Al-Sannaa N.A.,Saudi Aramco |
Bay L.,Hospital Juan P. Garrahan |
Barbouth D.S.,University of Miami |
Benhayoun Y.,Pediatric Services |
And 11 more authors.
Orphanet Journal of Rare Diseases | Year: 2015
Background: Enzyme replacement therapy (ERT) with laronidase, (recombinant human α-L-iduronidase; Aldurazyme) is the primary treatment option for patients with attenuated mucopolysaccharidosis type I (MPS I). This study examined the effect of early ERT on clinical manifestations. Methods: This multinational, retrospective case series abstracted data from records of 20 patients with Hurler-Scheie syndrome within nine sibships that included older siblings treated with laronidase after the development of significant clinical symptoms, and younger siblings treated before significant symptomatology. Median age at diagnosis was 5.6 and 0.5 years for older and younger siblings, respectively. Median age at ERT initiation was 7.9 and 1.9 years for older and younger siblings, respectively. Results: Improvement or stabilization of somatic signs and symptoms was more notable in younger siblings. Organomegaly present at onset of ERT improved in the majority of both older and younger siblings. Analysis of physician-rated symptom severity demonstrated that cardiac, musculoskeletal, and cognitive symptoms, when absent or mild in younger siblings at ERT initiation, generally did not develop or progress. The majority of older siblings had height/length Z-scores greater than two standard deviations below the mean (less than -2) at both time points. In general, Z-scores for younger siblings were closer to the sex- and age-matched means at follow-up. Conclusions: These findings suggest early initiation of laronidase, prior to the onset of symptoms in patients with attenuated MPS I, can slow or prevent the development of severe clinical manifestations. © 2015 Al-Sannaa et al. Source
Rainger J.,Institute of Genetic and Molecular Medicine |
Bengani H.,Institute of Genetic and Molecular Medicine |
Campbell L.,Metabolic Section |
Anderson E.,Institute of Genetic and Molecular Medicine |
And 20 more authors.
Human Molecular Genetics | Year: 2012
Biallelic mutations in the gene encoding DHOdehase [dihydroorotate dehydrogenase (DHODH)], an enzyme required for de novo pyrimidine biosynthesis, have been identified as the cause of Miller (Genée-Weidemann or postaxial acrofacial dysostosis) syndrome (MIM 263750). We report compound heterozygous DHODH mutations in four additional families with typical Miller syndrome. Complementation in auxotrophic yeast demonstrated reduced pyrimidine synthesis and in vitro enzymatic analysis confirmed reduced DHOdehase activity in 11 disease-associated missense mutations, with 7 alleles showing discrepant activity between the assays. These discrepancies are partly explained by the domain structure of DHODH and suggest both assays are useful for interpretation of individual alleles. However, in all affected individuals, the genotype predicts that there should be significant residual DHOdehase activity. Urine samples obtained from two mutation-positive cases showed elevated levels of orotic acid (OA) but not dihydroorotate (DHO), an unexpected finding since these represent the product and the substrate of DHODH enzymatic activity, respectively. Screening of four unrelated cases with overlapping but atypical clinical features showed no mutations in either DHODH or the other de novo pyrimidine biosynthesis genes (CAD, UMPS), with these cases also showing normal levels of urinary OA and DHO. In situ analysis of mouse embryos showed Dhodh, Cad and Umps to be strongly expressed in the pharyngeal arch and limb bud, supporting a site- and stage-specific requirement for de novo pyrimidine synthesis. The developmental sensitivity to reduced pyrimidine synthesis capacity may reflect the requirement for an exceptional mitogenic response to growth factor signalling in the affected tissues. © The Author 2012. Published by Oxford University Press. All rights reserved. Source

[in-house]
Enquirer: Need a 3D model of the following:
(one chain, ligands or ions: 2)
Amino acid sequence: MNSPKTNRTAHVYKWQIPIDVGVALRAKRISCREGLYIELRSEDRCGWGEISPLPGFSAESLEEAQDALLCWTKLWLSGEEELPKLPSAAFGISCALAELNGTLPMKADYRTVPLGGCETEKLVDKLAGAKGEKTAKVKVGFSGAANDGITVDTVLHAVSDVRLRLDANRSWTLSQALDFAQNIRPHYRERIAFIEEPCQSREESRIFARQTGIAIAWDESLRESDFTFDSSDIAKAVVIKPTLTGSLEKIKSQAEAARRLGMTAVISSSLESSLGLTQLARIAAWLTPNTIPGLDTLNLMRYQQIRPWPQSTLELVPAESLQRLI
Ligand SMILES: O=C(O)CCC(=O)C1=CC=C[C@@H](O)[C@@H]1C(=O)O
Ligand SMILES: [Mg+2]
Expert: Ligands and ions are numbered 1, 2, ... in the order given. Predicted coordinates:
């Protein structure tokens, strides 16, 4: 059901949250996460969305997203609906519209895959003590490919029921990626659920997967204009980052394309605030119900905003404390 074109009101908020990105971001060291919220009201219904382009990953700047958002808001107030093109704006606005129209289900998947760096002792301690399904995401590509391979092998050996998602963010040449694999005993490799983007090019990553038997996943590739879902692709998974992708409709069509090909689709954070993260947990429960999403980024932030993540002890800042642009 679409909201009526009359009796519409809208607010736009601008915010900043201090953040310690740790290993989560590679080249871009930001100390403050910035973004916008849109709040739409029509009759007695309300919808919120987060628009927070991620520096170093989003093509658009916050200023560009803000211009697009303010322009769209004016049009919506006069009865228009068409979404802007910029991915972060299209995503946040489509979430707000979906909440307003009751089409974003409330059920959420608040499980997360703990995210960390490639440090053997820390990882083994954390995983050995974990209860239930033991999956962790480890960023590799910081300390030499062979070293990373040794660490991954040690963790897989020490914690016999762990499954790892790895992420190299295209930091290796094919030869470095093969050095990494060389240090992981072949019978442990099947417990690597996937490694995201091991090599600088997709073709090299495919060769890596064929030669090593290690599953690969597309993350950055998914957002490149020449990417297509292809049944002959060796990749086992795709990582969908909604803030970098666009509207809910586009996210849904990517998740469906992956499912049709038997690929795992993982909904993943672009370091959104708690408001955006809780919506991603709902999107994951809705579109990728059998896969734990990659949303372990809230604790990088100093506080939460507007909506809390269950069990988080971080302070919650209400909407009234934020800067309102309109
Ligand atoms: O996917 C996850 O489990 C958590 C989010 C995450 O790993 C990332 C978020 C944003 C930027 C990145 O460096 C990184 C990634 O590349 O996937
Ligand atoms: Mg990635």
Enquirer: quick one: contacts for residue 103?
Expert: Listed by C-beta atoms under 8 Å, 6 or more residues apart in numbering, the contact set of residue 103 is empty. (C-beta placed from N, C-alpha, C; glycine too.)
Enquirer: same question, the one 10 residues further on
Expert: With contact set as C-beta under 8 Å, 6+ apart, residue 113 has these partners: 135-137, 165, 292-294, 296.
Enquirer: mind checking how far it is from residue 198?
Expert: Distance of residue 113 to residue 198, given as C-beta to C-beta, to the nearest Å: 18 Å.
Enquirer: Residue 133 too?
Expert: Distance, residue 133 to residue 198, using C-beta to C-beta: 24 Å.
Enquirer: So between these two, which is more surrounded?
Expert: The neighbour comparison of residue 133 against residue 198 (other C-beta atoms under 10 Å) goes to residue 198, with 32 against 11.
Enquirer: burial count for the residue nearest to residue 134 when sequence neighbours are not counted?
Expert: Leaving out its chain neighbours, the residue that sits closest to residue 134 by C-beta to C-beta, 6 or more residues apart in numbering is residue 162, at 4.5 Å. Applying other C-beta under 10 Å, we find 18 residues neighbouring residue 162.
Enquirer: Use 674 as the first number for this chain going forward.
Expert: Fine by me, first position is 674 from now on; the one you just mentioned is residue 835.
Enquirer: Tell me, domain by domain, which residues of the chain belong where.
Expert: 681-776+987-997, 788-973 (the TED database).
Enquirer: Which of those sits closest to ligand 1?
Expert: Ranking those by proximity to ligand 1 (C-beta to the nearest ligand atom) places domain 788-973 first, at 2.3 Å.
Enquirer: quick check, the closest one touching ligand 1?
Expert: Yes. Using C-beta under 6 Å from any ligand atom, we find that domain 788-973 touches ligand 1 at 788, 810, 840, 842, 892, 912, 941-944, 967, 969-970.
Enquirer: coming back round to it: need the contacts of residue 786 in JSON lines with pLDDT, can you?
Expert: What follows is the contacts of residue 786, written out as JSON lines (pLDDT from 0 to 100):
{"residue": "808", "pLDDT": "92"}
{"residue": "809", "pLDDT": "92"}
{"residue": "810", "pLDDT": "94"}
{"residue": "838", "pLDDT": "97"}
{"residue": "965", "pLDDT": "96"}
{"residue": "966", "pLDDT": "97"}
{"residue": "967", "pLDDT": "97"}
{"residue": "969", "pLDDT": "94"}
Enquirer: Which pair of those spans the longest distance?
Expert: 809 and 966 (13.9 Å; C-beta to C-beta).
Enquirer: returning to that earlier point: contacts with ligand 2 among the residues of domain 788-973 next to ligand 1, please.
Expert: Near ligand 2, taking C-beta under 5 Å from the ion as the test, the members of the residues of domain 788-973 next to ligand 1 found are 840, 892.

Mirani M.,Metabolic Section |
Berra C.,Metabolic Section |
Finazzi S.,Dialysis Unit |
Calvetta A.,Dialysis Unit |
And 4 more authors.
Diabetes Technology and Therapeutics | Year: 2010
Background: Type 2 diabetes patients on chronic hemodialysis have a high prevalence of cardiovascular complications and often show a poor glycemic control. Single-spot glycemic measurements are not always meaningful, and the hemoglobin A1c (HbA1c) value does not reflect short-term variations in glucose metabolism in this patient category. Therefore, to better understand their metabolic balance, we studied a group of diabetes patients on hemodialysis by a continuous glucose monitoring (CGM) system. Methods: Twelve insulin-treated type 2 diabetes patients on hemodialysis were studied by a microdialysis-based subcutaneous glucose sensor over a period of 2 days, including the dialysis day (HD) and the following inter-dialytic period ("free" day [FD]). Results: The mean 24-h glycemic value, the mean amplitude of glucose excursions, and the SD of mean glucose were significantly higher in the HD than the FD (186 ±50 vs. 154 ± 25 mg/dL, P<0.05; 75 ± 22 vs. 56±15 mg/dL, P<0.05; and 57± 26 vs. 35 ± 11mg/dL, P<0.05, respectively). Considering the 48-h recording, there was a direct correlation between the mean glucose concentration and the HbA1c (r=0.47, P<0.05), whereas no association was observed between the measures of glucose variability and HbA1c. Conclusions: Insulin-treated diabetes patients on hemodialysis showed different glucose profiles between the HD and the FD. In particular, in the HD they have had an increased glycemic variability, which may represent an adjunctive risk factor for cardiovascular complications. Therefore the use of a CGM system, as a means of assessing the measures of glycemic variability, could improve the management of insulin therapy in these patients. © 2010 Mary Ann Liebert, Inc. Source